“We have a text message alert system that is not optional for students and employees,” Cushman said in an email. “We just had a drill two weeks ago, so everyone knows what to do.”

Cushman said he was at home when he received the “take shelter” alert before the meteorologist on TV gave the instructions and sirens began.

Just one month ago, Union sent students and employees with its International Rescue and Relief Program to the Hot Springs Village in Arkansas when the retirement community there sustained heavy damage from an EF-2 tornado. The team from Union assisted in “covering windows and roofs and removing debris and fallen trees.”

Friday’s stronger EF-3 tornado also impacted Elkhorn, west of Omaha, and Iowa communities, but did not overwhelm local resources. Consequently Union did not deploy its disaster response team this time.

Jared Wright |

Newbury Park Adventist Academy Band Loses $25,000 to Instrument Theft

Newbury Park Adventist Academy’s spring music tour ended on a sour note in the parking lot of La Quinta Inn near San Diego, California.

“With the students back on the bus and ready to head home, chaperones had to break the news: Someone stole about 30 instruments from their rental, including a baritone saxophone, flutes, trumpets, French horns and clarinets,” NBC San Diego reported.

“It was simply a matter of getting through the padlock and being really stealthy,”  said Newbury Park principal Joel Albritton.

The tour’s last stop was the Tierrasanta Seventh-day Adventist Church in San Diego. An employee at Denny’s next door said she can’t go more than a couple months without finding out someone’s property in the area got broken into. She was especially upset that, this time, high-schoolers were the target.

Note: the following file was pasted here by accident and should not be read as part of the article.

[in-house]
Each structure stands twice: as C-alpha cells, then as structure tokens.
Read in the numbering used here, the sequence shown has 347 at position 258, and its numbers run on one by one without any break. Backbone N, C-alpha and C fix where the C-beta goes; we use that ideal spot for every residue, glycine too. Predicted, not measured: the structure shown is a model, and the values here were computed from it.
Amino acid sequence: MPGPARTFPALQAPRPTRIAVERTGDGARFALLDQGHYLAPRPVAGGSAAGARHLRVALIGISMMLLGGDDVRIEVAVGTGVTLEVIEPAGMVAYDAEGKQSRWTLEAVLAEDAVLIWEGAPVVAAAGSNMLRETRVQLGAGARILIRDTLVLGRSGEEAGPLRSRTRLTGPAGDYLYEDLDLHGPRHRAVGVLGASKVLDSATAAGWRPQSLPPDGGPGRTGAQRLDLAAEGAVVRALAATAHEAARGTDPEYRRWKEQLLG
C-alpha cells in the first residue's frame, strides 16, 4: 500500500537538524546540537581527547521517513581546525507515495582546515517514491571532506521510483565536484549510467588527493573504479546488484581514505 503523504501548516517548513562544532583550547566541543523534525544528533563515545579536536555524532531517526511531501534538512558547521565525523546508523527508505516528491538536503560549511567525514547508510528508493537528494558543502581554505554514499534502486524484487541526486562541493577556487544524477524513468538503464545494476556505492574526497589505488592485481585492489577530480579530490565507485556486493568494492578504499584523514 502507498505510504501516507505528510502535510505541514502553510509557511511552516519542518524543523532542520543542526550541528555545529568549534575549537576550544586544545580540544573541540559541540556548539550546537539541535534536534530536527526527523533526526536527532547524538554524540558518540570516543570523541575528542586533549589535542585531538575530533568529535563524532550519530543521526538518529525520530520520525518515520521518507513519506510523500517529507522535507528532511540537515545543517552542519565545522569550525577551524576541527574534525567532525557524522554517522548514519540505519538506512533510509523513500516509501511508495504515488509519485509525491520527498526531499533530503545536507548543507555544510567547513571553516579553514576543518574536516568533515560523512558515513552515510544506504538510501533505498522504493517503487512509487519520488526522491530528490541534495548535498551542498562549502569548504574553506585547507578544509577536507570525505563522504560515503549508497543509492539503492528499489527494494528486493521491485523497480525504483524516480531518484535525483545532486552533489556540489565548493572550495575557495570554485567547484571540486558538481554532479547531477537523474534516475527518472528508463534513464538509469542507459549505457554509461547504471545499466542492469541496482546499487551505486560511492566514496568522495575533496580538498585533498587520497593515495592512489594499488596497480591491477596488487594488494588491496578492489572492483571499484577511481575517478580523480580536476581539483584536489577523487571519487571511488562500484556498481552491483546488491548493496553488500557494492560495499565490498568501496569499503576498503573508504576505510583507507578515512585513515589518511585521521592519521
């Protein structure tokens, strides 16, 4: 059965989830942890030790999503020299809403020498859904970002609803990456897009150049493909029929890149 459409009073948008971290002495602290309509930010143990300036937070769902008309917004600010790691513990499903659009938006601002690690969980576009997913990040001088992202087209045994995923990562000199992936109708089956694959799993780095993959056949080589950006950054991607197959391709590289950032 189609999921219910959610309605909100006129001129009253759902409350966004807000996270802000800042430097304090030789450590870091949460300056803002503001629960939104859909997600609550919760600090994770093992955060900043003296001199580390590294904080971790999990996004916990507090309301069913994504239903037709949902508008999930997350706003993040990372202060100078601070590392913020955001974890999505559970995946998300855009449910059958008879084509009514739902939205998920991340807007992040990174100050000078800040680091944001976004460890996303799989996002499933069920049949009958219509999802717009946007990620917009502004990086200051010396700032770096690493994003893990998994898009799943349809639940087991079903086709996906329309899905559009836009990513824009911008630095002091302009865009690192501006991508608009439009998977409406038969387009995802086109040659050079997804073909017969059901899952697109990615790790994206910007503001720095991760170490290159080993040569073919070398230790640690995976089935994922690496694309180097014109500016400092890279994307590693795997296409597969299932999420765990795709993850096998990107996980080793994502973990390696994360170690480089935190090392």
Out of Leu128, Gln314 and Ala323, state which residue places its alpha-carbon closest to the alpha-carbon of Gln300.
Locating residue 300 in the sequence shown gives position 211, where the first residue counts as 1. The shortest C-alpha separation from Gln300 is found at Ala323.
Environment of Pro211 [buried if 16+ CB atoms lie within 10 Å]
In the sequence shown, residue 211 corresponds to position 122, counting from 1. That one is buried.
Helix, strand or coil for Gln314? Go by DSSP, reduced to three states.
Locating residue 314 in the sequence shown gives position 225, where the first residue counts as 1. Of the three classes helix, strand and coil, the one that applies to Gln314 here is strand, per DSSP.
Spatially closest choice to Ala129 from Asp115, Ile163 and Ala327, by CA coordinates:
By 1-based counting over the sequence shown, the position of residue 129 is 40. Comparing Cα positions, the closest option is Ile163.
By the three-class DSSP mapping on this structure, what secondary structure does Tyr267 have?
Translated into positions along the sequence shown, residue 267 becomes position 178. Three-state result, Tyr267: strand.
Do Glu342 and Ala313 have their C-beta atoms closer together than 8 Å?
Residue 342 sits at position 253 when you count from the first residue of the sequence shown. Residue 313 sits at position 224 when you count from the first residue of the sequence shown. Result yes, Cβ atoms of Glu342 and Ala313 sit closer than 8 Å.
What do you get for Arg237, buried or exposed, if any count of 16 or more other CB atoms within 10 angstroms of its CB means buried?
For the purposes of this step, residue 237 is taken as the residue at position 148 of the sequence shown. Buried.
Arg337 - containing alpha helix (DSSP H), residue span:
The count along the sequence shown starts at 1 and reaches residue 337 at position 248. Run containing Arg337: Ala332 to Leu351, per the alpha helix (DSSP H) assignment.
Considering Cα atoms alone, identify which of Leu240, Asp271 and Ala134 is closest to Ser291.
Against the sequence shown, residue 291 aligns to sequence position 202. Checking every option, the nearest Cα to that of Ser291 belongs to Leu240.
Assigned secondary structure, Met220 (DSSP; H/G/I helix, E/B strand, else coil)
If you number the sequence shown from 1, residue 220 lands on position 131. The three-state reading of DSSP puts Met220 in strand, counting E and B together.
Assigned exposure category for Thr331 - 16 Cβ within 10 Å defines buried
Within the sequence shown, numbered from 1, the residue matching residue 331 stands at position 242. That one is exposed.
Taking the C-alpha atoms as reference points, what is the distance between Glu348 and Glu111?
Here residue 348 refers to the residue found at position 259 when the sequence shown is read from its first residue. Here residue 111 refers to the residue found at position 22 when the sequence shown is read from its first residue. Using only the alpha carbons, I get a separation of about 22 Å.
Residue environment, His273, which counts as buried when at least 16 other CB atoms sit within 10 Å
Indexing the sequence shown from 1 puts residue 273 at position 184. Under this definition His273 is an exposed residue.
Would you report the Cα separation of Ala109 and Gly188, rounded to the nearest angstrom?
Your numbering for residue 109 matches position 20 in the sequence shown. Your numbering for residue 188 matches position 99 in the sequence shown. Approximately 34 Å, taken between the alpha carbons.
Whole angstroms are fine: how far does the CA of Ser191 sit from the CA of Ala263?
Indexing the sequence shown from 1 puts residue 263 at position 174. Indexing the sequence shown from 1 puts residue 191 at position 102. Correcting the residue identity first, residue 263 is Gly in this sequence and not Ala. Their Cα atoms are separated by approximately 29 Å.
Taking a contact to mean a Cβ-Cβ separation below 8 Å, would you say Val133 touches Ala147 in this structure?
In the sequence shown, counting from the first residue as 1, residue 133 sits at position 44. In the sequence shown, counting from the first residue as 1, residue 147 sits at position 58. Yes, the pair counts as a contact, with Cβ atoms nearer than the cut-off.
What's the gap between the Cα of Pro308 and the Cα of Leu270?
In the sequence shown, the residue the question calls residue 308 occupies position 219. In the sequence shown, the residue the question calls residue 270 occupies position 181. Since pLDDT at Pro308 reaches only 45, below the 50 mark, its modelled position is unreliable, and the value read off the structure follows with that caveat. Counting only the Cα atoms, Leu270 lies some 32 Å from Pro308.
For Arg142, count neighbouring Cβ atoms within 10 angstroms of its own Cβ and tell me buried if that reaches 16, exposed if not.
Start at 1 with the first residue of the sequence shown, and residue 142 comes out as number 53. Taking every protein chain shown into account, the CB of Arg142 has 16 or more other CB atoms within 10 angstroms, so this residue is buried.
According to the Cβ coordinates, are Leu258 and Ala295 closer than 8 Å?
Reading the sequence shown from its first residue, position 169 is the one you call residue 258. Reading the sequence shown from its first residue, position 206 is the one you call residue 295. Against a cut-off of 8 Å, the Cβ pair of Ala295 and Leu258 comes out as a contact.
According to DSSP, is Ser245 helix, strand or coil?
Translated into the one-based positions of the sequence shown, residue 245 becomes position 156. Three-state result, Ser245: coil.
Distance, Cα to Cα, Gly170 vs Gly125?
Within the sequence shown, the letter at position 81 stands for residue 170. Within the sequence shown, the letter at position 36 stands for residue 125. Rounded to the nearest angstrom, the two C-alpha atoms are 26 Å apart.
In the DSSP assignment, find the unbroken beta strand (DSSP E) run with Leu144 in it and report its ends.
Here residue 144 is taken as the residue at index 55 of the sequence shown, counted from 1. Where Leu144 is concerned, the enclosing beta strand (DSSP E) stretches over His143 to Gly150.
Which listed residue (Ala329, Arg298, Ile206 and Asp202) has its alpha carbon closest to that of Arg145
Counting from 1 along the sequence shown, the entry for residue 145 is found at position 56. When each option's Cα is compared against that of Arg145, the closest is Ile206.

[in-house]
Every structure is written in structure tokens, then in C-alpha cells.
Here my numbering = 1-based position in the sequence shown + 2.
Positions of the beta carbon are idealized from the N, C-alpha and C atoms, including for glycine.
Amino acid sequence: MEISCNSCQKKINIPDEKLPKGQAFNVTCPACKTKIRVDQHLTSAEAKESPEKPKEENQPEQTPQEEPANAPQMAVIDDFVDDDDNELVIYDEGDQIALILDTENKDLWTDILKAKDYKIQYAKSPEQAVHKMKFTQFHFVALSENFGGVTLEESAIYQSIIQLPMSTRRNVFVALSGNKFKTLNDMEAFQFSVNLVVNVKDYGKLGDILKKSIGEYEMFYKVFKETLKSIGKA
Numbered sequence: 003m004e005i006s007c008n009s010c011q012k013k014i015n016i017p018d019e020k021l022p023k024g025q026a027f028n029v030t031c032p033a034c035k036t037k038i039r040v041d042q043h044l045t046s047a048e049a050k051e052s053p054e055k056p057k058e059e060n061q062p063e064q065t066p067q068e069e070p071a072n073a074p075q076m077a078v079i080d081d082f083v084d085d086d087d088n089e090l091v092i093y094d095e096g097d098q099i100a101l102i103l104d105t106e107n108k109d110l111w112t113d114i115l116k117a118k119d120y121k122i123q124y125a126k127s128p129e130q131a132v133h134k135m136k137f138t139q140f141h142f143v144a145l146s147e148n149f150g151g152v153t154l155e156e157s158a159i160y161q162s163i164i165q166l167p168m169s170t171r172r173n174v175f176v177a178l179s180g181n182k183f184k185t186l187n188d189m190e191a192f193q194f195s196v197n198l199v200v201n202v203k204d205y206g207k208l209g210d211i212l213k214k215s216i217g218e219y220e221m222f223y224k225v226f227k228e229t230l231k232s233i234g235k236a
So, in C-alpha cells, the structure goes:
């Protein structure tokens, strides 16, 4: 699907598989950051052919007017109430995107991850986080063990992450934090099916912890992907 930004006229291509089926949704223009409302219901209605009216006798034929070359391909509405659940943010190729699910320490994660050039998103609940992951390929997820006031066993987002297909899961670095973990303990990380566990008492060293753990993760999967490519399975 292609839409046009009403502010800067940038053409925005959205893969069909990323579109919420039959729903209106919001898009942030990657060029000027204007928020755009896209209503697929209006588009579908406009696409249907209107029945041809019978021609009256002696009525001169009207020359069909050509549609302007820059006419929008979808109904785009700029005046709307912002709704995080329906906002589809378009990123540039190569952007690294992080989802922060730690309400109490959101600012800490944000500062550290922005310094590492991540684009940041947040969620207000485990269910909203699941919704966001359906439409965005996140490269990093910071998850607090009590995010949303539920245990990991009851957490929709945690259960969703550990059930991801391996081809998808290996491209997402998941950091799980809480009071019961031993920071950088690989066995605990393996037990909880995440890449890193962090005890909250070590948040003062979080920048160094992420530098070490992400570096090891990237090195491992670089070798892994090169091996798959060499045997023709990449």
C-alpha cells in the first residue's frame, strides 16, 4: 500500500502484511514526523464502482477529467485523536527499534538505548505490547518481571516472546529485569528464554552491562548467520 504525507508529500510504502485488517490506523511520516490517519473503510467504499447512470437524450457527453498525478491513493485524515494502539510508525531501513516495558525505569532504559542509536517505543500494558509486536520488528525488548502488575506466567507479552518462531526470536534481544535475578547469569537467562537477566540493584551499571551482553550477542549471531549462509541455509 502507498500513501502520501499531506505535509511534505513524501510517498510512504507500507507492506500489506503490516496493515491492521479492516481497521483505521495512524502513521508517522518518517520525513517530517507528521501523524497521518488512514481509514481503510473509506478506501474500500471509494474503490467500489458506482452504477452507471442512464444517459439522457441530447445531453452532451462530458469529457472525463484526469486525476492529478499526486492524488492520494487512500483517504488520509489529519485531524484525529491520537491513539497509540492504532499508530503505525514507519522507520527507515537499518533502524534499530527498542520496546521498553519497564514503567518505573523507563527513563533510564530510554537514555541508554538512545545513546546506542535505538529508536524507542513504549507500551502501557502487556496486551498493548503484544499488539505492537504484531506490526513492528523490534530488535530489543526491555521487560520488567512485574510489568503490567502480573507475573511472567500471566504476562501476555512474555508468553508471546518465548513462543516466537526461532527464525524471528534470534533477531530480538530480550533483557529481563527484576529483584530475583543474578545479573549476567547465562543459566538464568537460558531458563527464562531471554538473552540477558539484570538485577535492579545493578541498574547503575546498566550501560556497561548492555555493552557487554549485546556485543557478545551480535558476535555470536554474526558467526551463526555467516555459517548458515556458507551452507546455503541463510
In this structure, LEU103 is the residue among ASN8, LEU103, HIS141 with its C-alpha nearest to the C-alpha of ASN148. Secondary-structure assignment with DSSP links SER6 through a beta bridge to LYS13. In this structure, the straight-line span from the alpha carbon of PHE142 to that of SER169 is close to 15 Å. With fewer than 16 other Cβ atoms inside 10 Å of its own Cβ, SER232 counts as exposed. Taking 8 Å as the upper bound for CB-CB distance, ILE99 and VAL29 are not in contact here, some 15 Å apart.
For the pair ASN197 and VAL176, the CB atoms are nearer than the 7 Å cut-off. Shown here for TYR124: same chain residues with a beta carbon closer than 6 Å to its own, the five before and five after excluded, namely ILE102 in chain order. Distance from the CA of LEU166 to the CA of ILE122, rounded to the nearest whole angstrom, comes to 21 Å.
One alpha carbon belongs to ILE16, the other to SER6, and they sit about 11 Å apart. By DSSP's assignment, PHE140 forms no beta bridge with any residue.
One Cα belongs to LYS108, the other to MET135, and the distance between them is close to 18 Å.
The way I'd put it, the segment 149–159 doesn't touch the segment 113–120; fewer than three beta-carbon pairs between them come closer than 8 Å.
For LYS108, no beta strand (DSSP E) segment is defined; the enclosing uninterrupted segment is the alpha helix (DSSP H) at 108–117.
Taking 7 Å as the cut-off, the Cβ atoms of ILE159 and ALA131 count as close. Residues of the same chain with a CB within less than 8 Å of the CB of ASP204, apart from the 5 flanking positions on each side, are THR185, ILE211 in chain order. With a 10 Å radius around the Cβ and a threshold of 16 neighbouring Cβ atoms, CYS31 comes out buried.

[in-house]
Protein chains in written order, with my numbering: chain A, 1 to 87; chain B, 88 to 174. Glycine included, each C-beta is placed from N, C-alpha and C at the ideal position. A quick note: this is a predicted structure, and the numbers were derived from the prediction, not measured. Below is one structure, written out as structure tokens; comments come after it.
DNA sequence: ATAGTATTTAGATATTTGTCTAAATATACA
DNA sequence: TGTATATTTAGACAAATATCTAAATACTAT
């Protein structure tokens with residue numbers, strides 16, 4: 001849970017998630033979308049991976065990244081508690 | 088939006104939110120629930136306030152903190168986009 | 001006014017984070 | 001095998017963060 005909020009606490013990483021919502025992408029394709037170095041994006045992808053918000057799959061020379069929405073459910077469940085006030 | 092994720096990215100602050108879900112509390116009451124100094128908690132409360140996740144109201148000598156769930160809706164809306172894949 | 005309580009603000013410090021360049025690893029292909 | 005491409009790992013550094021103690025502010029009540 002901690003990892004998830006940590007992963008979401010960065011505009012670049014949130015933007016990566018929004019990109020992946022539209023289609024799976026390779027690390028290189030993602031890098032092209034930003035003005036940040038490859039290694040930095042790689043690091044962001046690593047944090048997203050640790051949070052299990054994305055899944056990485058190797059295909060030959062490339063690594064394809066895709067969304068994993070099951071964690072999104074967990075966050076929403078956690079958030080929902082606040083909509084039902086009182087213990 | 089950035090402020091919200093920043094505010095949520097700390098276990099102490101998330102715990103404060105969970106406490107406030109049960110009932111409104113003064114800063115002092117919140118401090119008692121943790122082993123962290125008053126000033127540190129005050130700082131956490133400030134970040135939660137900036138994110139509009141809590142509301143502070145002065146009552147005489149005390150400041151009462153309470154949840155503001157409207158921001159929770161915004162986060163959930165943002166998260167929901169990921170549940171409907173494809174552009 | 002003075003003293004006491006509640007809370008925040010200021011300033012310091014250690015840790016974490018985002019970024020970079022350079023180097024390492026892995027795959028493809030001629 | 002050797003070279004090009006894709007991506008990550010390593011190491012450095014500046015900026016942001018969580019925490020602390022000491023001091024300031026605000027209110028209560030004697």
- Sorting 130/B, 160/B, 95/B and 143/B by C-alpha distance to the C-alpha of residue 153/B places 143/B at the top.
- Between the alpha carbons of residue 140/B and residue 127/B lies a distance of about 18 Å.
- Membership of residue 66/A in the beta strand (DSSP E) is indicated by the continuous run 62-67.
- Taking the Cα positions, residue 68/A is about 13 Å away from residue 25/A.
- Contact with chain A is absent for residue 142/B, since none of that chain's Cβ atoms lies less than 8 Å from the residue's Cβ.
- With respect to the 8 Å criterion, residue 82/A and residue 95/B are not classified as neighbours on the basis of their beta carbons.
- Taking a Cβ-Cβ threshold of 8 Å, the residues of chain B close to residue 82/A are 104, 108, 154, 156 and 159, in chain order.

“Albritton said the students didn’t sulk for long. ‘Within minutes there were posts on Instagram and there was a flier that had already gone out,’ he said. ‘They knew that something could be done to get us ready for spring concert.’

“Spring concert is coming up on May 9. Albritton said there may be no band if they don’t get their instruments back, but even if all they have are their voices, there will always be a show. Staff are still working to count their losses. Once they do, they’ll consider starting an online fundraiser.”

NBC San Diego

Pam Dietrich |

Korean Supreme Court Rules University Must Accommodate Sabbath Observance

South Korea’s Supreme Court has ruled in favor of Seventh-day Adventist Jin Im, who asked the president of Chonnam National University make an exception to the school’s policy of randomly assigning interview times and groups in order to accommodate Im’s Sabbath observance. 

The North Asia-Pacific Division of Seventh-day Adventists reports that Im applied to Chonnam’s law school in October 2020, passing the document screening phase. However, she was randomly assigned a Saturday morning interview, which Im said conflicted with her religious practice. She asked be rescheduled for the last time slot on Saturday after sundown, but the university declined. Im did not attend, and was not admitted. She sued the university for violating her religious practice.

Im initially lost her case, but an appellate court overturned the lower court’s decision, stating, “The defendant, being the president of a national university and exercising public authority, must consider ways to allow the plaintiff [Im] to participate in the interview by her conscience without compromising the fairness and equity of the student selection process. The refusal to accommodate the plaintiff’s request violates the principle of minimal infringement and is unlawful due to the misuse of discretion.”